Mom’s Scalloped Au Gratin Potatoes 🤤

Here’s another of Mom’s great recipes.

Scalloped Au Gratin Potatoes from Gwen Bellomo


  • 1 can cream of mushroom soup
  • 1/2 C. milk
  • 4 C. thin sliced potatoes
  • 1/2 C. (I use more) onions
  • 1 C. shredded sharp cheese (orange colored)
  • 1 Tbsp. of butter
  • Pepper
  • Paprika

Blend soup, milk, and pepper. In buttered 1½ quart casserole, arrange alternate layers of potatoes, onions, soup mixture, and cheese. Dot top with butter, sprinkle with paprika. Cover, bake at 375º for 1 hour. Uncover, bake 15 more minutes, or until done.

If you make them, let us know what you think!


Whose Opinion Matters Most?

How many of us know that person who doesn’t seem to have a clue what they’re even talking about, yet continues to open their mouth…

Obnoxious, right?!

Everybody seems to have an opinion, but whose opinion really matters when you’re the one who has to make a decision?

Sometimes it’s nice to hear that someone else is on the same page as us. It helps us to feel like everything’s okay and can confirm our own beliefs when we’re on the fence. But what are we supposed to think when people’s opinions make us feel conflicted?

Well, what advice would you give a friend in your situation? Answering that can often get you grounded back to what you really think is right. So, don’t doubt yourself if people have different views than you. They always will. In the end, just trust your gut. It knows you best.

Steve Jobs, co-founder of Apple, said, “You can’t connect the dots looking forward; you can only connect them looking backwards. So you have to trust that the dots will somehow connect in your future. You have to trust in something – your gut, destiny, life, karma, whatever. This approach has never let me down, and it has made all the difference in my life. “

People’s opinions are reflections of themselves – and because of that, your own opinion is probably best for you, and other people’s opinions are probably best for just them. You don’t need anyone’s permission to feel what you feel or to think what you think. You are entitled to your opinions just as much as anyone else is entitled to theirs.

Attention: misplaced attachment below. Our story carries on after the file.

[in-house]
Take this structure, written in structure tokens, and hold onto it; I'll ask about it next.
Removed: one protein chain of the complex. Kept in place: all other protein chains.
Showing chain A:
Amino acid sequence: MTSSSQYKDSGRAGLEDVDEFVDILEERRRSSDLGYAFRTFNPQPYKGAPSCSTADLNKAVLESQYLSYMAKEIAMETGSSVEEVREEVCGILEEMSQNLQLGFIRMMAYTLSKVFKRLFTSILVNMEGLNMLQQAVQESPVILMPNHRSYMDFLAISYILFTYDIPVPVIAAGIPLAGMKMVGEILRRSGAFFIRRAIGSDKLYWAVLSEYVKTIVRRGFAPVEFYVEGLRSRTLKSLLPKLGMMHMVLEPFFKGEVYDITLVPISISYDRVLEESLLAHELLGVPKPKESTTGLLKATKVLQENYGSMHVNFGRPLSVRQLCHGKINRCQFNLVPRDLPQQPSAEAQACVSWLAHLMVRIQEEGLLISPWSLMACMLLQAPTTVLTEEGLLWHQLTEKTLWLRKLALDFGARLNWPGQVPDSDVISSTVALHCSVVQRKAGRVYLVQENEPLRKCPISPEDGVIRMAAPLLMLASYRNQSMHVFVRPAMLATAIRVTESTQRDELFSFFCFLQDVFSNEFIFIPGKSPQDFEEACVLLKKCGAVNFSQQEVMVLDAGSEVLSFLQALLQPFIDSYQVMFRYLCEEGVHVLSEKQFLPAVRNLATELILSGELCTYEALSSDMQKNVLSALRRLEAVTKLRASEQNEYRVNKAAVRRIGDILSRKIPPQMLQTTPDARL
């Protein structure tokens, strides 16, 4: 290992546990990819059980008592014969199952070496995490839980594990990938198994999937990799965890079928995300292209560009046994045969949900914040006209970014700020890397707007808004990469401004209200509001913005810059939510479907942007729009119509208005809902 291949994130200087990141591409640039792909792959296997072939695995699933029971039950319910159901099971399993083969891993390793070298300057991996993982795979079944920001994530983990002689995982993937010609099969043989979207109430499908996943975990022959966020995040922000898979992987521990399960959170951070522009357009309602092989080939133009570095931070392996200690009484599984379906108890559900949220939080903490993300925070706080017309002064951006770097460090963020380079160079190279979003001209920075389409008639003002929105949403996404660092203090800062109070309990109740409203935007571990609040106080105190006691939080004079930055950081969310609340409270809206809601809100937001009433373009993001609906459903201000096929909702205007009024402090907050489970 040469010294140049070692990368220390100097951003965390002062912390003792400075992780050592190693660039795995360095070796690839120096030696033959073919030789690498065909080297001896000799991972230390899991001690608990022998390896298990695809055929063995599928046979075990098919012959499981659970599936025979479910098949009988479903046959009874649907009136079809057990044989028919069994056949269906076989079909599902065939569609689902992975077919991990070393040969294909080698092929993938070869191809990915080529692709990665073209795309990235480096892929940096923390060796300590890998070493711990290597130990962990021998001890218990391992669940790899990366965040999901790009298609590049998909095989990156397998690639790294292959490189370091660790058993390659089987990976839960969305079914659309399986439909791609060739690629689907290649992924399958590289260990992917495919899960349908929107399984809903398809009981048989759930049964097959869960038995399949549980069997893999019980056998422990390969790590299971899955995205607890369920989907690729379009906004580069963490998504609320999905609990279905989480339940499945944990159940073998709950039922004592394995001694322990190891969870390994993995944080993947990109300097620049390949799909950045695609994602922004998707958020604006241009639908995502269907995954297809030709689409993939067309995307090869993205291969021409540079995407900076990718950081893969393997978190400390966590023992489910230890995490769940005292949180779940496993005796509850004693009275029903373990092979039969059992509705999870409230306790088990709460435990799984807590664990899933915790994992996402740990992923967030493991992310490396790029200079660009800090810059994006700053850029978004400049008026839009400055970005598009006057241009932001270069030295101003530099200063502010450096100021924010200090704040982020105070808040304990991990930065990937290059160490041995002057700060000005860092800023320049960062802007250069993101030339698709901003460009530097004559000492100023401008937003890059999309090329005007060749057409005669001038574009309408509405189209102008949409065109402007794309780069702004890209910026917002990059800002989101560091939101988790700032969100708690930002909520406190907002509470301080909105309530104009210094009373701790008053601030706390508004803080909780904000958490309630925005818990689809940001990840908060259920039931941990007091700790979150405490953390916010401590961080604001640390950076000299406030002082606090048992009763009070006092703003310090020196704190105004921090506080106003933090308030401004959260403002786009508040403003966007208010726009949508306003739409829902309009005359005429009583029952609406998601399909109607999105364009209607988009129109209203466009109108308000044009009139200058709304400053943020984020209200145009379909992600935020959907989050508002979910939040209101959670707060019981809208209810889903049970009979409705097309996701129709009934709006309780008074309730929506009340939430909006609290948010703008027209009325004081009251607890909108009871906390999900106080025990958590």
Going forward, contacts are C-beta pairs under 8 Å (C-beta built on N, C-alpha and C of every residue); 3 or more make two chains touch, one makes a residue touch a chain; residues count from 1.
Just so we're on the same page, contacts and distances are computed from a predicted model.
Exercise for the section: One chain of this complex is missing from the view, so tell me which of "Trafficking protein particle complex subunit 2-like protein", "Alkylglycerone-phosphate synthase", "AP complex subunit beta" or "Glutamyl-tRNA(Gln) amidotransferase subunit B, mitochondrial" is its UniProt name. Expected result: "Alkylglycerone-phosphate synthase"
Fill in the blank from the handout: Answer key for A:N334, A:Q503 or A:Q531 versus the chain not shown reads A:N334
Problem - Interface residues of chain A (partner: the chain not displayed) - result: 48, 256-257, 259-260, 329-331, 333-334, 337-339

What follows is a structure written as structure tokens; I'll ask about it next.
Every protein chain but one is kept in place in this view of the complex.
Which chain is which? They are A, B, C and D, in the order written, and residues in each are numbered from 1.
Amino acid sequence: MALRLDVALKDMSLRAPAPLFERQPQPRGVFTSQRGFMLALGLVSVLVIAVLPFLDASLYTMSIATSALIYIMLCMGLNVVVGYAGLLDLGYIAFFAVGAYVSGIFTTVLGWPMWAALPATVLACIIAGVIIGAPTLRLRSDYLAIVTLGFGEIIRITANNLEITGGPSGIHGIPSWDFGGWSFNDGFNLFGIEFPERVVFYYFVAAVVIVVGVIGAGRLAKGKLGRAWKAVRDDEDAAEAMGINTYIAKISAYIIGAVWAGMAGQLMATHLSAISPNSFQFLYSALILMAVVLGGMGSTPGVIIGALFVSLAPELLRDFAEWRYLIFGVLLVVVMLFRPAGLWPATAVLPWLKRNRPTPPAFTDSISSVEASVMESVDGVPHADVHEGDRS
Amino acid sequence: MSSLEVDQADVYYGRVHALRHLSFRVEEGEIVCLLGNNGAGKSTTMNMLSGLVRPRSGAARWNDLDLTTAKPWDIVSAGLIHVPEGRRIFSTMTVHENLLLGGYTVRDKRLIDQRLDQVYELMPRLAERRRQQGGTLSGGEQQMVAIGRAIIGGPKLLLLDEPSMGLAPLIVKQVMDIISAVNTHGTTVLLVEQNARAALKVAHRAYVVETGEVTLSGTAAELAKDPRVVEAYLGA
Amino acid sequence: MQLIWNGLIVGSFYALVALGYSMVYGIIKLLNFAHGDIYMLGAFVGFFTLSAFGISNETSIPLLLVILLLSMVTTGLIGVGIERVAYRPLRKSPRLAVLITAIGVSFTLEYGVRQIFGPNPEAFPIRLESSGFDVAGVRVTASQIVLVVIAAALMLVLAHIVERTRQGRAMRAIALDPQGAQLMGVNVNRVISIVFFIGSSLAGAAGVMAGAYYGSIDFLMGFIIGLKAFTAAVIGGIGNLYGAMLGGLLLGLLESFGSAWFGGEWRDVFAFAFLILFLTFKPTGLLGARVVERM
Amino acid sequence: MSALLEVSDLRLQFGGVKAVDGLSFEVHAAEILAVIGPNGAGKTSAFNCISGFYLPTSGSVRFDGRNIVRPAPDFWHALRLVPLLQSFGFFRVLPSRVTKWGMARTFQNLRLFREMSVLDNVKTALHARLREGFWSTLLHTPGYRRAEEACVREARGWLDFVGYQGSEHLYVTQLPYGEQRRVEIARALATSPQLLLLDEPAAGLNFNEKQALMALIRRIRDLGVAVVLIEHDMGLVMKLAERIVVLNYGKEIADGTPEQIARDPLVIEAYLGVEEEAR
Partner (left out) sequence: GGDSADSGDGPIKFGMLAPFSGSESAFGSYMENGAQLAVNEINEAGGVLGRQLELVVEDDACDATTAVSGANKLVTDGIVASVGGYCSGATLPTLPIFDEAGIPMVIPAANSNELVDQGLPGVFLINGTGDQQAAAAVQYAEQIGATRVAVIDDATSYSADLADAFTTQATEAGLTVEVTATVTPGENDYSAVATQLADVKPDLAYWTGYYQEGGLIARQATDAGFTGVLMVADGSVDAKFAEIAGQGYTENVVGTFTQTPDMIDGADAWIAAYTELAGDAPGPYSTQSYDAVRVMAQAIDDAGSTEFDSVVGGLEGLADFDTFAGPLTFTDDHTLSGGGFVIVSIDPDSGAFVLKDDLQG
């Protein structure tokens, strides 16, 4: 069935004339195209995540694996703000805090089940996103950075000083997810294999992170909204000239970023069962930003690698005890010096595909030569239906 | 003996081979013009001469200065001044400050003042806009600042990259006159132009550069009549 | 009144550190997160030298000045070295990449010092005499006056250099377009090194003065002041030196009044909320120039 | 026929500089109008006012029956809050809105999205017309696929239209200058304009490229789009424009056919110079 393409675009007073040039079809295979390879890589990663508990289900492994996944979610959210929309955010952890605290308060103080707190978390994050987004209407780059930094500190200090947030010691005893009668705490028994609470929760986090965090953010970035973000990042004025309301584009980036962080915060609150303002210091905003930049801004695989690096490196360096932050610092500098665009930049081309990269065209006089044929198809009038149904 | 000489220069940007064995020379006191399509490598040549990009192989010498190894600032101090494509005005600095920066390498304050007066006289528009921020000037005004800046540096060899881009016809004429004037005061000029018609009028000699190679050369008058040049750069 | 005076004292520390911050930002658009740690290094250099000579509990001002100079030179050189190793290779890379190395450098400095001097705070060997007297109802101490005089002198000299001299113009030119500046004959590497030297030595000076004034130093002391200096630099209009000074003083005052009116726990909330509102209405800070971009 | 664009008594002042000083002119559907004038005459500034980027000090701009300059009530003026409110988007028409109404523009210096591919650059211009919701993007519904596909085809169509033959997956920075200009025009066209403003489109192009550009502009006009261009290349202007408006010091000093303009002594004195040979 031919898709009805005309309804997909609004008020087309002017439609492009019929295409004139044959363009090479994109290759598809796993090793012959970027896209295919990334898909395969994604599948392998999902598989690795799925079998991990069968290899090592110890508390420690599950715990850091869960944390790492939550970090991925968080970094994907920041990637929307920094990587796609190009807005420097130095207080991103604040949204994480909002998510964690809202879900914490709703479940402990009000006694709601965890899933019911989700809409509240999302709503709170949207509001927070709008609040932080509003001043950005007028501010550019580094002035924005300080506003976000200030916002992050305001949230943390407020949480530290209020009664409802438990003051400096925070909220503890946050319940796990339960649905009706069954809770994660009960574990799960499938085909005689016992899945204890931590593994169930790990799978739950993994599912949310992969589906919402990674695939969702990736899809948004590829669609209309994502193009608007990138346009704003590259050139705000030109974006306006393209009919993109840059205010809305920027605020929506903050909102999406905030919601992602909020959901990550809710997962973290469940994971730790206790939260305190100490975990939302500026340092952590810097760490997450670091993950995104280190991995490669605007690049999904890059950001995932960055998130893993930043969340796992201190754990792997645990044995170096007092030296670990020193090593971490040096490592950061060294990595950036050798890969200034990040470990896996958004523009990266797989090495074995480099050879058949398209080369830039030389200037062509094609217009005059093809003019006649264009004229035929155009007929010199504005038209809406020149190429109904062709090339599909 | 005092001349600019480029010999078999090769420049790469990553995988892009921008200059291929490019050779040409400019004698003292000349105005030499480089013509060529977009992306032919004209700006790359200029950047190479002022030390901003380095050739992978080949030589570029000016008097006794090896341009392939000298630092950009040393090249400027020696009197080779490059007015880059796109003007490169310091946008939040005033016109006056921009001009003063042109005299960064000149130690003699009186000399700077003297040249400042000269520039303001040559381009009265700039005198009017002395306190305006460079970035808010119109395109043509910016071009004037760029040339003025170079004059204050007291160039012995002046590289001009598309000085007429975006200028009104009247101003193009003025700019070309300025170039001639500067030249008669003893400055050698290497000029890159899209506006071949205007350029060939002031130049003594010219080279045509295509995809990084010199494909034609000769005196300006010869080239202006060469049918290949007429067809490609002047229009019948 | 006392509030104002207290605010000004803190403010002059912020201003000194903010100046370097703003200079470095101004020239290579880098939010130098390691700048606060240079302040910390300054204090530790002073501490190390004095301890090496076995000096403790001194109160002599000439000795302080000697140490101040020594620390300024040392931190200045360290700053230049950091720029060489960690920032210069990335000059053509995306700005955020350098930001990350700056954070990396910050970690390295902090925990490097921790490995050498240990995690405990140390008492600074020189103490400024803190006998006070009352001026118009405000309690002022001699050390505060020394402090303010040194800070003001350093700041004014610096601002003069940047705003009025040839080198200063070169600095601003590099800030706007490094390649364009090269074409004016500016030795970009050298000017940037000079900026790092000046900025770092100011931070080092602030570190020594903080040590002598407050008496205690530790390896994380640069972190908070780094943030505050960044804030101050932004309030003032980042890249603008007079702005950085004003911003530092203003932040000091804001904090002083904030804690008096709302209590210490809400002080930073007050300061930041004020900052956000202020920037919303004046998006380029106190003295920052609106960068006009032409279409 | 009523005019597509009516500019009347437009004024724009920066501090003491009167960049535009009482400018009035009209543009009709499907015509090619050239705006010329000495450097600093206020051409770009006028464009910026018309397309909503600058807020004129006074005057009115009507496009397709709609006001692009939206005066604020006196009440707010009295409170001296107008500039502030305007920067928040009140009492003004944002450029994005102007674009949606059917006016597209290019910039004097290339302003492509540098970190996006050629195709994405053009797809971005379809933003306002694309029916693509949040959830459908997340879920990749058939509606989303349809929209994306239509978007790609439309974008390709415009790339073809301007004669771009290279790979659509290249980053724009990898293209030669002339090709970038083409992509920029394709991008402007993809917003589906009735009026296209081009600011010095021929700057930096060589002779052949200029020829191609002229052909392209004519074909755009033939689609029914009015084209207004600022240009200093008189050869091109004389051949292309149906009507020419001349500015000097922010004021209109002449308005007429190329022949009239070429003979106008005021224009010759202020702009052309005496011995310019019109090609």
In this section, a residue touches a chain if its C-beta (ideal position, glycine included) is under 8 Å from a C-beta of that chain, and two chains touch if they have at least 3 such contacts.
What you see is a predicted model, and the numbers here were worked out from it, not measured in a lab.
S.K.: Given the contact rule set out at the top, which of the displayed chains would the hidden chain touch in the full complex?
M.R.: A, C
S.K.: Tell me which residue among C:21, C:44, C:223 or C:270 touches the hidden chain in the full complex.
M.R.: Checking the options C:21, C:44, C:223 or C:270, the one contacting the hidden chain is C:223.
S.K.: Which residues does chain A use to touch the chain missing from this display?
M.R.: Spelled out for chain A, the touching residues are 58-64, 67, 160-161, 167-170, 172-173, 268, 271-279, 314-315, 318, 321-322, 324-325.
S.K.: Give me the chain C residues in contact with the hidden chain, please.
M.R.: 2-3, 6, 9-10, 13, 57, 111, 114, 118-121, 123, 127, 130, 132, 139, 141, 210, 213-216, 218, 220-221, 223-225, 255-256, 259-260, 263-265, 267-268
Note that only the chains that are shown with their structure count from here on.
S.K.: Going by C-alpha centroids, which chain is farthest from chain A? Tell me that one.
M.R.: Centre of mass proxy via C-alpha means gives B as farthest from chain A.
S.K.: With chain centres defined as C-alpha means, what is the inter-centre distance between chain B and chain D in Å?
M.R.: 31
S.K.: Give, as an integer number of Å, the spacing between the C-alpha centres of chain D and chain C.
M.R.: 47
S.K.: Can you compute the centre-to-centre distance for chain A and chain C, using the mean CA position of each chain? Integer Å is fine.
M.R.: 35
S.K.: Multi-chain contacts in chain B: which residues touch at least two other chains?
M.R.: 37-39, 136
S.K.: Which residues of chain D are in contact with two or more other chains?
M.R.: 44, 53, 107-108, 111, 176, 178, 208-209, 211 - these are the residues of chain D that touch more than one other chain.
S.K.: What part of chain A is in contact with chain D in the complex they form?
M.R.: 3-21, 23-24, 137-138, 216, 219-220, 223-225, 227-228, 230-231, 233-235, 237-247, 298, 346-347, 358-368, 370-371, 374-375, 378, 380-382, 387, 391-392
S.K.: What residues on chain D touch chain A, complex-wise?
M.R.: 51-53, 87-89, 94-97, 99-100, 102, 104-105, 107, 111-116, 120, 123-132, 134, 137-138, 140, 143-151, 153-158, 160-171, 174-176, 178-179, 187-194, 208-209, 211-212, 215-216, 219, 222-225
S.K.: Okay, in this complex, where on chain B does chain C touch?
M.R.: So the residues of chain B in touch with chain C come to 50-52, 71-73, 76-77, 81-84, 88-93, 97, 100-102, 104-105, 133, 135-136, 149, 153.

What do you do when you totally don’t agree with someone’s advice?

Sometimes people who try to help us just miss the mark. However, whether you choose to take the advice or not, it may help you to just listen first, process next, and act last. You don’t have to follow through with what someone else says, but there IS an advantage to gaining new perspectives in life. We’re all different in our own ways, and the diversity makes the world go round.

“Your time is limited, so don’t waste it living someone else’s life. Don’t be trapped by dogma – which is living with the results of other people’s thinking. Don’t let the noise of others’ opinions drown out your own inner voice. And most important, have the courage to follow your heart and intuition.” Steve Jobs.

Listen to others. Value everyone’s advice, but follow your instincts – they are rarely wrong.

Parts of this article first appeared in HappierDaily.com.

Workshop registration information: https://bellomoassociates.com/workshops/


What Those Symbols on the Dollar Bill Actually Mean

You probably see the dollar bill every day, but do you know the meaning behind the dollar bill’s design?

The pyramid on the dollar bill represents strength and duration. Some interpret the missing top as a sign that the country wasn’t finished yet. Similarly, the western face of the pyramid is in a shadow while the front is lighted, which some say indicates that the nation hadn’t explored the West or figured out what it would do for Western civilization yet.